Toronto and Region Conservation Authority Responds to Recent Storm Events

Aug. 10, 2018, Toronto, ON – On August 7, 2018, a slow-moving tropical rainstorm formed over portions of North York and moved slowly south across downtown Toronto. This very localized storm inundated the Black Creek watershed and western parts of the Don River and caused flooding in low-lying areas.

At this morning’s Executive Committee meeting of the TRCA Board of Directors, a recommendation moved by TRCA Chair and City of Toronto Councillor Maria Augimeri was unanimously passed requesting staff to report on potential improvements to the flood forecasting program in collaboration with our municipal partners.

The approved motion includes suggestions for enhancing our already established protocols, including: adjustments to the municipal planning review process in flood-prone areas; exploring installation of additional gauges in flood-prone systems; strengthening our communications with municipalities and the public, including working with the media; engaging all levels of government for additional resources; improvements to existing public message systems; and enhanced emergency management training.

“Given our changing climate, our region is being challenged by more frequent extreme, sudden and localized storm events like this Tuesday’s event,”  said Maria Augimeri, Chair, TRCA Board of Directors and City of Toronto Councillor. “We must continually improve our processes and relationships with municipal partners, stakeholders and the public to reduce the risk to life and damage to property regarding flooding.”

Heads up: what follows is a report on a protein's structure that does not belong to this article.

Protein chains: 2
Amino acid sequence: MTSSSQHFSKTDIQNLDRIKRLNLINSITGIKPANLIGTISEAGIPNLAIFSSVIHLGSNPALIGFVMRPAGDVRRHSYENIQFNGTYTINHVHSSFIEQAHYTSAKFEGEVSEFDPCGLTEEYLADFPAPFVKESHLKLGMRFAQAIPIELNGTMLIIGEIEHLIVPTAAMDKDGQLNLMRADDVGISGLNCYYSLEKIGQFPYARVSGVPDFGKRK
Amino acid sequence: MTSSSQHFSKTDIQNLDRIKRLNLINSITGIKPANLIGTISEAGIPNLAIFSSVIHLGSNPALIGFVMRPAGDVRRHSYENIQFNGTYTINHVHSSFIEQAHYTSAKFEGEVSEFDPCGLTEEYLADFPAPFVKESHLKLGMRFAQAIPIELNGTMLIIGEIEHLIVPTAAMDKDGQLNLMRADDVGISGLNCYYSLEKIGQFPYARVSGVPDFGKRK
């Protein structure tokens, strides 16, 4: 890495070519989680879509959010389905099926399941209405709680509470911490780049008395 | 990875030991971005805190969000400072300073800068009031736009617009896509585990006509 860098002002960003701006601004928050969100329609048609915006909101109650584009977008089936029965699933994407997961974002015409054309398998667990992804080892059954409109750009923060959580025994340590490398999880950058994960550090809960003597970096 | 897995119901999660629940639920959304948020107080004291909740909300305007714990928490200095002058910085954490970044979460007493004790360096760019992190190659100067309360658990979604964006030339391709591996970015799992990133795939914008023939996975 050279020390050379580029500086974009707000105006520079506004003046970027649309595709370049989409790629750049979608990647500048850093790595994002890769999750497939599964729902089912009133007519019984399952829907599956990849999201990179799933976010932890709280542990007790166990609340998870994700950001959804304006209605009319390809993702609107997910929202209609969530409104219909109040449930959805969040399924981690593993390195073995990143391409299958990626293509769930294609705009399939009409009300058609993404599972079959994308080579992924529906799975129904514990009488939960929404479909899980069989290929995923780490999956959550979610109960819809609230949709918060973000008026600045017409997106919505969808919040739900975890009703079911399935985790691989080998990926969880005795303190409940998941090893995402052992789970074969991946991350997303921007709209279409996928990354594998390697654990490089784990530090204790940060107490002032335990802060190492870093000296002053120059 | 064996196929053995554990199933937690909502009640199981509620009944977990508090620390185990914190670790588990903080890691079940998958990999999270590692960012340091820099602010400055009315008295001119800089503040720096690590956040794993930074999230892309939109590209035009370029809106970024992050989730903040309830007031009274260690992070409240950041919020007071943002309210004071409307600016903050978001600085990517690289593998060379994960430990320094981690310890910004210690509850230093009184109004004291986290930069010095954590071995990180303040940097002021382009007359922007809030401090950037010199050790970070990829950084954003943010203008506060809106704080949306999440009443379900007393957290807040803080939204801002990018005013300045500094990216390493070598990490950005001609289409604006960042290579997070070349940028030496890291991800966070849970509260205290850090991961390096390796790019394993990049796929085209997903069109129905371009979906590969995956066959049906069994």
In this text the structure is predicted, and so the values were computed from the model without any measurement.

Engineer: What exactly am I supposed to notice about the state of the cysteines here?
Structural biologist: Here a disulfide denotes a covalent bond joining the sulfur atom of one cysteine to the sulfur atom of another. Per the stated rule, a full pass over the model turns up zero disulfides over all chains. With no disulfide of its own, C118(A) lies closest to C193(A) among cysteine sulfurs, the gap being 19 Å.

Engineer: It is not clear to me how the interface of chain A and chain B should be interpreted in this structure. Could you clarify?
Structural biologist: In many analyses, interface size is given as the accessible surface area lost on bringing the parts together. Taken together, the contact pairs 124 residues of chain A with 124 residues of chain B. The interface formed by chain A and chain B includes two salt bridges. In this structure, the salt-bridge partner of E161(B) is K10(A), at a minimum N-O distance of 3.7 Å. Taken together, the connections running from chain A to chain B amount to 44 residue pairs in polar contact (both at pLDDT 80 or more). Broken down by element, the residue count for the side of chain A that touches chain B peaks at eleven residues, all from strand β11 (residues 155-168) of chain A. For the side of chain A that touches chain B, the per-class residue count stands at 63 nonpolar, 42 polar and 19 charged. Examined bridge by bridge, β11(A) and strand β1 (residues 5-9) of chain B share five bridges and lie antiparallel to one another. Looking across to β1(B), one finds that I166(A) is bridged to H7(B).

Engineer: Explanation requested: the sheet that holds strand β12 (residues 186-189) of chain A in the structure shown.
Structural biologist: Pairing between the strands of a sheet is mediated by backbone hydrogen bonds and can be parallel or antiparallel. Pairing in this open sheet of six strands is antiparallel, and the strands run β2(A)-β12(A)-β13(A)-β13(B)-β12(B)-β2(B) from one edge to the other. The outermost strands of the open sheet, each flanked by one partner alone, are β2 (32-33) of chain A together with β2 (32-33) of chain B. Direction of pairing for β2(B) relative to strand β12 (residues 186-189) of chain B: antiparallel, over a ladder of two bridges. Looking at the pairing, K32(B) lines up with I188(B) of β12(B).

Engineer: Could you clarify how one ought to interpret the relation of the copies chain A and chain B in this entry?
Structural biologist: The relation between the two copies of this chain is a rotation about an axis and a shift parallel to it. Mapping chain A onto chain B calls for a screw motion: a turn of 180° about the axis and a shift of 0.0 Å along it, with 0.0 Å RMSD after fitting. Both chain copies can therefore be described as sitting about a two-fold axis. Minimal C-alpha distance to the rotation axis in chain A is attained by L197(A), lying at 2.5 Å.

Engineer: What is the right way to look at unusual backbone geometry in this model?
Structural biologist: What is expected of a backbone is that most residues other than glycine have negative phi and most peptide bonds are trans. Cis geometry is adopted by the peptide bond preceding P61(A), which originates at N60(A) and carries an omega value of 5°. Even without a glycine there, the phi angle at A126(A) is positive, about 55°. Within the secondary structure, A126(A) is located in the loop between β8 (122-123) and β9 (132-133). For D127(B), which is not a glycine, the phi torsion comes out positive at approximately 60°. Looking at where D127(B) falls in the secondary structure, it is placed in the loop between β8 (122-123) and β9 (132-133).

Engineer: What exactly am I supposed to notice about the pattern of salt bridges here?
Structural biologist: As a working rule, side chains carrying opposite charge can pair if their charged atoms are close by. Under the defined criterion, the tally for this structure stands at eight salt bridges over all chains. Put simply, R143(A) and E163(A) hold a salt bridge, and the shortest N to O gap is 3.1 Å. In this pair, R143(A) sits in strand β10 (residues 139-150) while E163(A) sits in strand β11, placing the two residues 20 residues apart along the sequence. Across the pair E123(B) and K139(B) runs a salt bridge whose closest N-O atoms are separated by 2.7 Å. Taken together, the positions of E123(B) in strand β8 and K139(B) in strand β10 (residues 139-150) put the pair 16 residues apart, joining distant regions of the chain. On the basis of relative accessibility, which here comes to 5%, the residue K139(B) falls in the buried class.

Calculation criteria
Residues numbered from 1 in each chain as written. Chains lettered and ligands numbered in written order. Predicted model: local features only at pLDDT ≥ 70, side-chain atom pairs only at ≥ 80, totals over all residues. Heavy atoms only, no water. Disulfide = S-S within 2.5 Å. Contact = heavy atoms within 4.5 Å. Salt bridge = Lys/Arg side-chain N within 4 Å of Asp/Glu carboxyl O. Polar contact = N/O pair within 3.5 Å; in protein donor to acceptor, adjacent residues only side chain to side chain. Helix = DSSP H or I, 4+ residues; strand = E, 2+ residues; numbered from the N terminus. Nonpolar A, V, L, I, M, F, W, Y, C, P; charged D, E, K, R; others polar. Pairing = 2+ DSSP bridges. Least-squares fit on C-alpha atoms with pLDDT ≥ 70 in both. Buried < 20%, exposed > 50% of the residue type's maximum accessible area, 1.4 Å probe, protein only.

In order to provide support to our municipal partners during storm events such as these, Toronto and Region Conservation Authority (TRCA) runs a Flood Forecasting and Warning Program that operates 24 hours a day, seven days a week.

The program is aimed to help provide advice and warning to municipalities for the forecasted timing and severity of potential flooding events. The program specifically provides the following:

  1. Support municipal flood emergency planning.
  2. Maintain a local network, collect data, and monitor watershed and weather conditions daily.
  3. Issue flood messages to municipalities and other appropriate agencies, including the media and the public, to advise of potential flooding when appropriate.
  4. Operate conservation authority dams and flood control structures to reduce the effects of flooding when appropriate.
  5. Maintain communications with municipalities and the Ministry of Natural Resources and Forestry (MNRF) Surface Water Monitoring Centre during a flood event.

The information TRCA provides plays a critical role in assisting our municipal partners in making decisions on directing emergency staff or maintenance works.

The main communication is typically sent through a flood message, which outlines the potential for flooding conditions and weather outlook. Further communications with municipal partner staff can include detailed information such as real-time water surface elevations in our streams and rivers, rainfall, or dam water levels.

TRCA is always looking to improve our methods of communicating information to those that need it, including the use of our website and through our twitter handle, @TRCA_Flood.

TRCA also continuously seeks provincial and government funding to allow for advancements in flood risk assessments and flood risk reduction, flood contingency planning, preparedness through education and outreach and continual improvement in the technology and data management of our flood monitoring network.